Reflections on BlogHerFood 11
BlogHerFood 11 crept up on me so quickly. With the move from October to May, it seemed like just yesterday I was in San Francisco at BlogHerFood 10 inundated by swag, food bloggers, and enough enthusiasm and education to overwhelm any mere mortal.
So it was with great anticipation that I chose to attend again only 7 months later and 2500 miles away in Atlanta.
Delta burst that bubble right at the outset by stranding us in the San Francisco airport for over 5 hours. Luckily I was with wonderful people – food bloggers and BlogHer staff, who made the situation ever so much more tolerable.
And there were many high points once we safely arrived in Atlanta:
- Getting to know my roommate, Lana Watkins, who writes a wonderful blog called Bibberche
- Dinner Thursday night with many unfamiliar but very friendly faces who all welcomed us after a long day of flight delays
- The session on blog design by Sabrina Modelle of TheTomatoTart and Irvin Lin of EatTheLove and the session on Simple and Affordable Tools and Techniques to Improve your Food Photography with Sarah Olson of Sarah Olson Photography and Alice Currah of SavorySweetLife
- Sharing a great bottle of wine and conversation with new friends
- Meeting Donna Pierce’s father, Eliot Battle Sr., who studied under George Washington Carver
- The interviews with Molly Birnbaum, author of A Season to Taste, who lost her sense of smell in a car accident; and with Laurie David, author of The Family Dinner and Asata Reid on raising children who care about food, health, and the environment
- The visit to the Sweet Auburn Market offering a chance to see the regional differences in food and eat barbecue from the Sweet Auburn food truck
- The chance to eat at Empire State South and enjoy Hugh Acheson’s and Ryan Smith’s fabulous food and southern hospitality including an engaging discussion on sustainable food and food values (photo courtesy of Elaine Wu of virgoblue.net)
But as I navigated through the sessions, keynotes, and various gatherings this past weekend, I heard rumblings of discontent occasionally too, some concerns bravely spoken into a microphone, others spoken in hushed tones in small group conversations.
- Concerns about blogging cliques – the in-crowd vs the newbies, the bloggers going to hush-hush sponsor dinners, the “successful” bloggers vs the rest of us
- uncertainty about what defines success in the world of blogging
- concerns about how traditional media and new media are merging and working together
Since I live in Silicon Valley and am old enough to remember when there were no computers, I have lived through the entire Internet boom (bust and boom again) and have witnessed the evolution of the semiconductor industry as well. So I am no stranger to fast-growing business and the uncertainty and concerns that naturally arise during periods of rapid growth. And clearly blogging is still growing rapidly as nearly 80% of the attendees listed themselves as new bloggers.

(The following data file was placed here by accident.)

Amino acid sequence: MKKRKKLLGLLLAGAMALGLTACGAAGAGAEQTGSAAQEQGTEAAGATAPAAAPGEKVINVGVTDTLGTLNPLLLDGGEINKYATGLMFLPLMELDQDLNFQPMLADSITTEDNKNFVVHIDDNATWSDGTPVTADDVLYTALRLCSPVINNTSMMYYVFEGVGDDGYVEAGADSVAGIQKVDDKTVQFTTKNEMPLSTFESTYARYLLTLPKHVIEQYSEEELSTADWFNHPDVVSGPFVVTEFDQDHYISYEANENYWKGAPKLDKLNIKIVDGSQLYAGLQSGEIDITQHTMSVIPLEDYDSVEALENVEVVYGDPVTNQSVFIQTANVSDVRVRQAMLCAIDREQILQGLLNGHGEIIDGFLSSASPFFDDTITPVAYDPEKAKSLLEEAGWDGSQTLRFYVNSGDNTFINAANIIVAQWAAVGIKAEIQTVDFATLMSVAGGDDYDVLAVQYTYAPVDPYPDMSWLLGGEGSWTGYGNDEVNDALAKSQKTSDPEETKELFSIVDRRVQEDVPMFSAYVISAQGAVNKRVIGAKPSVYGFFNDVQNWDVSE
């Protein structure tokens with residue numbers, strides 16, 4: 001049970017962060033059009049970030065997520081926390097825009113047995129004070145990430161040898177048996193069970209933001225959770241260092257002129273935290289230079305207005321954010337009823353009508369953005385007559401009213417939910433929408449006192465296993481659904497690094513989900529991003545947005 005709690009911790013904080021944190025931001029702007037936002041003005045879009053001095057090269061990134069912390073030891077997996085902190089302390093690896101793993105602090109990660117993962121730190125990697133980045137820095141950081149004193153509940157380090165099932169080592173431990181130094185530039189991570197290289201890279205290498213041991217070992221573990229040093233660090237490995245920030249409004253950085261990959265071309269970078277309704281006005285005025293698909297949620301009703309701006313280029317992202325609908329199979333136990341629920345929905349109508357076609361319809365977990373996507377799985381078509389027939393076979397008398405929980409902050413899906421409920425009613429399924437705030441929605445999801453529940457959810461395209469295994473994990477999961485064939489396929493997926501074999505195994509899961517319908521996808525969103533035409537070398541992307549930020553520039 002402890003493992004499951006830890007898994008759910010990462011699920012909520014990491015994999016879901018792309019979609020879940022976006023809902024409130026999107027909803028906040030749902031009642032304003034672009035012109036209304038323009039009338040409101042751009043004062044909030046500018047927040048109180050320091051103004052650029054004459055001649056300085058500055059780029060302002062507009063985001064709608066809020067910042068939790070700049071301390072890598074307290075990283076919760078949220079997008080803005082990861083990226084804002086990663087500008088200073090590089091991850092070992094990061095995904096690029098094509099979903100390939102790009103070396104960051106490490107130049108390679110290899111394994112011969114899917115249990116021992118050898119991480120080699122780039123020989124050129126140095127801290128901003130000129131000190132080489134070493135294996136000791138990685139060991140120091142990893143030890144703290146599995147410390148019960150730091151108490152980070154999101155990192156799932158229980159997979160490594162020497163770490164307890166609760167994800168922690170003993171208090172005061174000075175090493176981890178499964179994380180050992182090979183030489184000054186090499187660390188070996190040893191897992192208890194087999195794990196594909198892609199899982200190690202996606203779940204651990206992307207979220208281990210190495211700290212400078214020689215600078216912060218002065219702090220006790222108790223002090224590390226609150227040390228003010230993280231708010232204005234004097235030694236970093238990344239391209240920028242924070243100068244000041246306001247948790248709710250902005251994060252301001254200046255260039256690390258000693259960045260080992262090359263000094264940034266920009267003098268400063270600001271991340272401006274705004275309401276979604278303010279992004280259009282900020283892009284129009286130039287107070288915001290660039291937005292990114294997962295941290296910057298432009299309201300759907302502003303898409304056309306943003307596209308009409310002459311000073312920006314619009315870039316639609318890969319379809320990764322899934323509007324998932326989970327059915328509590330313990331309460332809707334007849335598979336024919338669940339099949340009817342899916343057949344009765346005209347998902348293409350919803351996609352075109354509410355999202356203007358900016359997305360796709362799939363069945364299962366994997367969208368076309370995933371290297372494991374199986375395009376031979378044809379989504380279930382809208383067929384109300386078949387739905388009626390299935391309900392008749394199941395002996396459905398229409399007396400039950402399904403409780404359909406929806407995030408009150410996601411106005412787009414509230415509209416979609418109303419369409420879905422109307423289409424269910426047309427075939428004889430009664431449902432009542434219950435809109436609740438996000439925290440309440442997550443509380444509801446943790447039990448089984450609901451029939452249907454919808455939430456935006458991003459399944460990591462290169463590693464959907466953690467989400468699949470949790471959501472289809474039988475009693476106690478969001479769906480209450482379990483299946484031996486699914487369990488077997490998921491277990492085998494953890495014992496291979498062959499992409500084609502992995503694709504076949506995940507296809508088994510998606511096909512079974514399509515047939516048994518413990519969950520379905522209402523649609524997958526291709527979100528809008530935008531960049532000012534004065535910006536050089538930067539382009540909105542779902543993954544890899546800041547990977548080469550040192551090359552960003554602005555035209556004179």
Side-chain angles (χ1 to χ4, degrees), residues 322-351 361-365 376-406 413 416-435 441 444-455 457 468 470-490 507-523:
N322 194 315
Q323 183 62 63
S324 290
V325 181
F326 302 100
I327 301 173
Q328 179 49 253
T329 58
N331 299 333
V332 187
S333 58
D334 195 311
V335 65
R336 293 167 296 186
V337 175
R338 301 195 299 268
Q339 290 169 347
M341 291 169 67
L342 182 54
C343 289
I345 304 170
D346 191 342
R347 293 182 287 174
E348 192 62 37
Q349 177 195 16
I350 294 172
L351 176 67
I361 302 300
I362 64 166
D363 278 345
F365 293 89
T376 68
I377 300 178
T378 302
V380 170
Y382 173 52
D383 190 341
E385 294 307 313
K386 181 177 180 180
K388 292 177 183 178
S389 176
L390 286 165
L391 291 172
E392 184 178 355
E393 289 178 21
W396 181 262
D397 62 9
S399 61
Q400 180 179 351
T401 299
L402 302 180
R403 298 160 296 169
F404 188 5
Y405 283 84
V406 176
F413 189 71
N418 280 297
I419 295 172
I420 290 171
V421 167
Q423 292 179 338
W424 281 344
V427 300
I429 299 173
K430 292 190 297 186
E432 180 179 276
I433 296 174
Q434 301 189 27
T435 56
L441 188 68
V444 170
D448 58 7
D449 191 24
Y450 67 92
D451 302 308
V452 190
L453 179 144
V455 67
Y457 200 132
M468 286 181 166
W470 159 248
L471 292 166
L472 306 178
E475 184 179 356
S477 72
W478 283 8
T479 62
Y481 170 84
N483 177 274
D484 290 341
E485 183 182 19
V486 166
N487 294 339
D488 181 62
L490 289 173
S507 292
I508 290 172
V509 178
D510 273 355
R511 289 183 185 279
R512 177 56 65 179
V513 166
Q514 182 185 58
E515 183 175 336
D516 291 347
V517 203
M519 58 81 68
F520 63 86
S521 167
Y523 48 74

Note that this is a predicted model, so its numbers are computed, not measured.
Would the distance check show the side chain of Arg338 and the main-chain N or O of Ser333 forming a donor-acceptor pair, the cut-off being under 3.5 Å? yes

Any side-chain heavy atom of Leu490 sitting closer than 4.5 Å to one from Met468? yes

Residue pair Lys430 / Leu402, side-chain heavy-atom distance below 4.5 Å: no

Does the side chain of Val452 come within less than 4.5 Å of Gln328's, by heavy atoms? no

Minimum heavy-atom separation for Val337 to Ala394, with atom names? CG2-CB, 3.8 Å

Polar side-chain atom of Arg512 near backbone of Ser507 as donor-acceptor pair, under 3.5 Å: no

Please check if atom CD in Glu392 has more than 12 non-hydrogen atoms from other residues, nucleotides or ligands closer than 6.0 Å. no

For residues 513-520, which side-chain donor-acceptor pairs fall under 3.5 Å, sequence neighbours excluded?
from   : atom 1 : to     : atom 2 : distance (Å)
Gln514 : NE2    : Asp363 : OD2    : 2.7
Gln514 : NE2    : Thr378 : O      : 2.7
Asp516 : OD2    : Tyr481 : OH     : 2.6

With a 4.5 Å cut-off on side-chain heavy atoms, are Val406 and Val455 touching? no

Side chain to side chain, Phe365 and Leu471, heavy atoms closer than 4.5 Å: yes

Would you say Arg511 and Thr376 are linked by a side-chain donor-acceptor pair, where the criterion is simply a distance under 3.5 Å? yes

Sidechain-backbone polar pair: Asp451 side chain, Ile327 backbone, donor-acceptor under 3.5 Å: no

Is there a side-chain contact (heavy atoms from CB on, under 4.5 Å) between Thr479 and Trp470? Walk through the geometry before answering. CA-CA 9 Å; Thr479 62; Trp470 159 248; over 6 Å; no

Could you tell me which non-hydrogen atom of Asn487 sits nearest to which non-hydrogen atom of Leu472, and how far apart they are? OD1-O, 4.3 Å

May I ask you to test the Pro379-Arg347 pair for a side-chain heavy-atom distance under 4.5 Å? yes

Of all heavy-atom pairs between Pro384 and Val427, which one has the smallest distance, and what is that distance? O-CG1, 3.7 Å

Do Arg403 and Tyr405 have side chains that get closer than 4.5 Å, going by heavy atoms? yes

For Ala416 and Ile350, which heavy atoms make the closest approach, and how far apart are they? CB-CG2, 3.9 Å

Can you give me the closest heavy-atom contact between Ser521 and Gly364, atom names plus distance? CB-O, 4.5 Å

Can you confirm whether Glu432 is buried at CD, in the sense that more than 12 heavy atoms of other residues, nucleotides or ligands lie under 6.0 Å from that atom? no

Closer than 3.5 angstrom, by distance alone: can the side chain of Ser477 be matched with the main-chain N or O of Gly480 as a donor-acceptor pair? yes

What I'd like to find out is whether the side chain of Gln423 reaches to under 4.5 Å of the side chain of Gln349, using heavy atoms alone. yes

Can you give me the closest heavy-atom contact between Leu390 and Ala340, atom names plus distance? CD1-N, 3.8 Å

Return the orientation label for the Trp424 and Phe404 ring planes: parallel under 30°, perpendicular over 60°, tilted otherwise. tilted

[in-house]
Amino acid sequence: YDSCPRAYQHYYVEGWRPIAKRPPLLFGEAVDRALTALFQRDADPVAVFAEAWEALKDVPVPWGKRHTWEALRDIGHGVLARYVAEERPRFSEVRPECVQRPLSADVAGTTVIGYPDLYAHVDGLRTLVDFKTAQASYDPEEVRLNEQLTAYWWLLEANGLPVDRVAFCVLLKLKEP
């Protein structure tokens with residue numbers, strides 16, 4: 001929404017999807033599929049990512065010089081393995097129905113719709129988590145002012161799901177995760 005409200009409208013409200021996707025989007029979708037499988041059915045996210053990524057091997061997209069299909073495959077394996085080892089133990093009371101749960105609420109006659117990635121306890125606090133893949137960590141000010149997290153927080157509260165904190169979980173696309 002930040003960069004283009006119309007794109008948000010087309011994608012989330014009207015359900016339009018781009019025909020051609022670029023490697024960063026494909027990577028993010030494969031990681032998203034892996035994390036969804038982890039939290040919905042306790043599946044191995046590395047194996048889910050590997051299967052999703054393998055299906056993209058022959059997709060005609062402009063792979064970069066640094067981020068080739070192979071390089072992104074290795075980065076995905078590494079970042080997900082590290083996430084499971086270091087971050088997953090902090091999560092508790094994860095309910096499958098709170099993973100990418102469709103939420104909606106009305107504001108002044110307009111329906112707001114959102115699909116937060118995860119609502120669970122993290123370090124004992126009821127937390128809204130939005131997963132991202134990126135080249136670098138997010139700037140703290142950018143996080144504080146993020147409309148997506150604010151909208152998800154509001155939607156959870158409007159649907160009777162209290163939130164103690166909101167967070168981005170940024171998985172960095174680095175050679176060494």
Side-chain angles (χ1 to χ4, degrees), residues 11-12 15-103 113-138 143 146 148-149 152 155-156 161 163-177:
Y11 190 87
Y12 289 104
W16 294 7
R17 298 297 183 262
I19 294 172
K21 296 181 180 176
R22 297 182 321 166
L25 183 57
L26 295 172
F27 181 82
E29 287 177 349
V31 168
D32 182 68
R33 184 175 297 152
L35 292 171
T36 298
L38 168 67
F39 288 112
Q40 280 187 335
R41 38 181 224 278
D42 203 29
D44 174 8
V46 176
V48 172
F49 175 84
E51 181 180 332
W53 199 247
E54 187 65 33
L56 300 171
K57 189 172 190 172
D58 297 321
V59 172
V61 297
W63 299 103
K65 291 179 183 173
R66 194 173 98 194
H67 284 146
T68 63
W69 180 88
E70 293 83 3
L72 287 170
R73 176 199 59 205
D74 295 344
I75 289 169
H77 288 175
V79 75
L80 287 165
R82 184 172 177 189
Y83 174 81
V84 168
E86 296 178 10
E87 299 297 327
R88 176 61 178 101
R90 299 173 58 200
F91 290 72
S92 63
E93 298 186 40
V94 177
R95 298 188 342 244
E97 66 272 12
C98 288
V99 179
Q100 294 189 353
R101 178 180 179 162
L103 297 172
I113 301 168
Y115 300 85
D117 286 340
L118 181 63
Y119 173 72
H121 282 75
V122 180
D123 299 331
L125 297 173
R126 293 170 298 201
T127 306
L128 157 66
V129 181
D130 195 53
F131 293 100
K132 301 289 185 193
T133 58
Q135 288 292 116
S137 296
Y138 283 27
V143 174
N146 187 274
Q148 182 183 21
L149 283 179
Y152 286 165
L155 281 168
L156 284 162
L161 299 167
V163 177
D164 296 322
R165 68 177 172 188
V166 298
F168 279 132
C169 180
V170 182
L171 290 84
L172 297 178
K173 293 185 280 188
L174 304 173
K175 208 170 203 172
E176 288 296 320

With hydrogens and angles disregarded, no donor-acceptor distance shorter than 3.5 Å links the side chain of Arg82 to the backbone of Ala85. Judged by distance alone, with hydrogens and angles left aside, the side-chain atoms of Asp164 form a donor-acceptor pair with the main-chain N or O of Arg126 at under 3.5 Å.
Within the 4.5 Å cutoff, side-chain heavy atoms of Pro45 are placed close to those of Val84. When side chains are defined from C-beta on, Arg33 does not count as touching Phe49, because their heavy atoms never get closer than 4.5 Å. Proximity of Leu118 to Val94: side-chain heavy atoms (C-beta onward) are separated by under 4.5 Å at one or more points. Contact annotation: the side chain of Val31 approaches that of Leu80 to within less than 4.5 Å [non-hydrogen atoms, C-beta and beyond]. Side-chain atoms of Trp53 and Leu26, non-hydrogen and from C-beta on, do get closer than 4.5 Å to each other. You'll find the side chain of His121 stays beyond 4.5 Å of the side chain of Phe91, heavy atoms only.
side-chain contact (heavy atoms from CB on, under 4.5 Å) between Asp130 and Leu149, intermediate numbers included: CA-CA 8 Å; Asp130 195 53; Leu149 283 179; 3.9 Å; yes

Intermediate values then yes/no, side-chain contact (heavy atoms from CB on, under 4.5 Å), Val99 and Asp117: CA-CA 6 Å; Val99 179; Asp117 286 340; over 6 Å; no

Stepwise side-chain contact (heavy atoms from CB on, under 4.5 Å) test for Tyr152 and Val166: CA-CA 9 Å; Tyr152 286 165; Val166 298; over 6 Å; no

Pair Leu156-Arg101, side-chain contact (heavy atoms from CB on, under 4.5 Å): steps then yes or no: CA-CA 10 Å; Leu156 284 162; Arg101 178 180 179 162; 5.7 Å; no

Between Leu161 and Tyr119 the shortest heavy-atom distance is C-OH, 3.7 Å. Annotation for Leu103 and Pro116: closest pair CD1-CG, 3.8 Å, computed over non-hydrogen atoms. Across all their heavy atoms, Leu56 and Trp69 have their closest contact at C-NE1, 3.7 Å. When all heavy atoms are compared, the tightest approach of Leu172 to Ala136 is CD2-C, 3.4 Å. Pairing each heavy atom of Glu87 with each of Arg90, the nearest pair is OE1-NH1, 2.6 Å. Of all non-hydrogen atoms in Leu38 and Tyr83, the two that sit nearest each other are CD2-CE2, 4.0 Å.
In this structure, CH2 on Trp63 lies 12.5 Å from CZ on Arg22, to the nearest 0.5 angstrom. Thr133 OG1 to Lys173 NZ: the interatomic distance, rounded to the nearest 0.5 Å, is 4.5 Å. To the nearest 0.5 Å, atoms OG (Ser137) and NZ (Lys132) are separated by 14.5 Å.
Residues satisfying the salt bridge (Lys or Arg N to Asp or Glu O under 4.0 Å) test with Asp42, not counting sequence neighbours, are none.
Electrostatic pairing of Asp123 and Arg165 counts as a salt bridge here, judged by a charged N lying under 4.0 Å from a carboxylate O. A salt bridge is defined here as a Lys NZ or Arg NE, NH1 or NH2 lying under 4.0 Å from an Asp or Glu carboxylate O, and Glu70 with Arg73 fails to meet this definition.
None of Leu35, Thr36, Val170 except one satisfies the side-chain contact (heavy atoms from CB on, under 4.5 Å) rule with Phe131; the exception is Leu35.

As I reflected on the conference, it occurred to me that it is our responsibility to not only use our blogs and our communication abilities to facilitate change in the world, but also to positively impact our own food blogging community. We need to break out of our comfort zones and cliques and meet new people. We need start using Follow Friday on Twitter not just to recognize those we already know but to seek out those we don’t.
Just as we eagerly share our food intelligence on our blogs, we need to use our blogs, blog gatherings, and Twitter presence to educate and welcome new bloggers. If someone misuses a recipe or photo, take the high road first and assume it was an innocent mistake and therefore an opportunity to forge a relationship and share your knowledge. There is always time later on to get angry if the intent was really malicious.
And when traditional media reaches out to us, grab hold and participate. A good example is Jeff Houck of The Tampa Tribune and Rene Lynch of The Los Angeles Times who have created a Monday morning ritual on Twitter to share #weekendeats. I drop by every Monday morning to share what I cooked or ate on the weekend and drool over everyone else’s contributions. In return, Rene and Jeff retweet our contributions and provide a URL to post our photos. Rene even featured one of my photos in the printed food section recently.
But why should we be agents of change in the blogging community when we can all barely keep up with our own blog, our family and work responsibilities and of course, the big world issues we all want to help change? Because if the quality of blogging as a whole is improved, all bloggers will benefit. The stronger the blogging community appears to the rest of the world, including traditional media, the more leverage we will have with brands, publishers, and the general community and the more our messages will impact the communities we wish to reach.
So a huge thank you to BlogHer for creating a platform that has fueled the wild growth of the blogging community and for providing venue(s) for us to gather and learn. And to the many food bloggers who already share their knowledge, ideas, and enthusiasm easily – you have made my decision to pursue a new career in the world of food an easy one. And as much enthusiasm as I’ve witnessed, it’s natural that we will all struggle occasionally too.
But let’s not allow our frustrations to quell our enthusiasm. We are lucky to be participating in this exciting communication medium and if we support each other along the way, we’ll navigate the changes together and continue to share our boundless enthusiasm for food with each other and the audiences that we reach.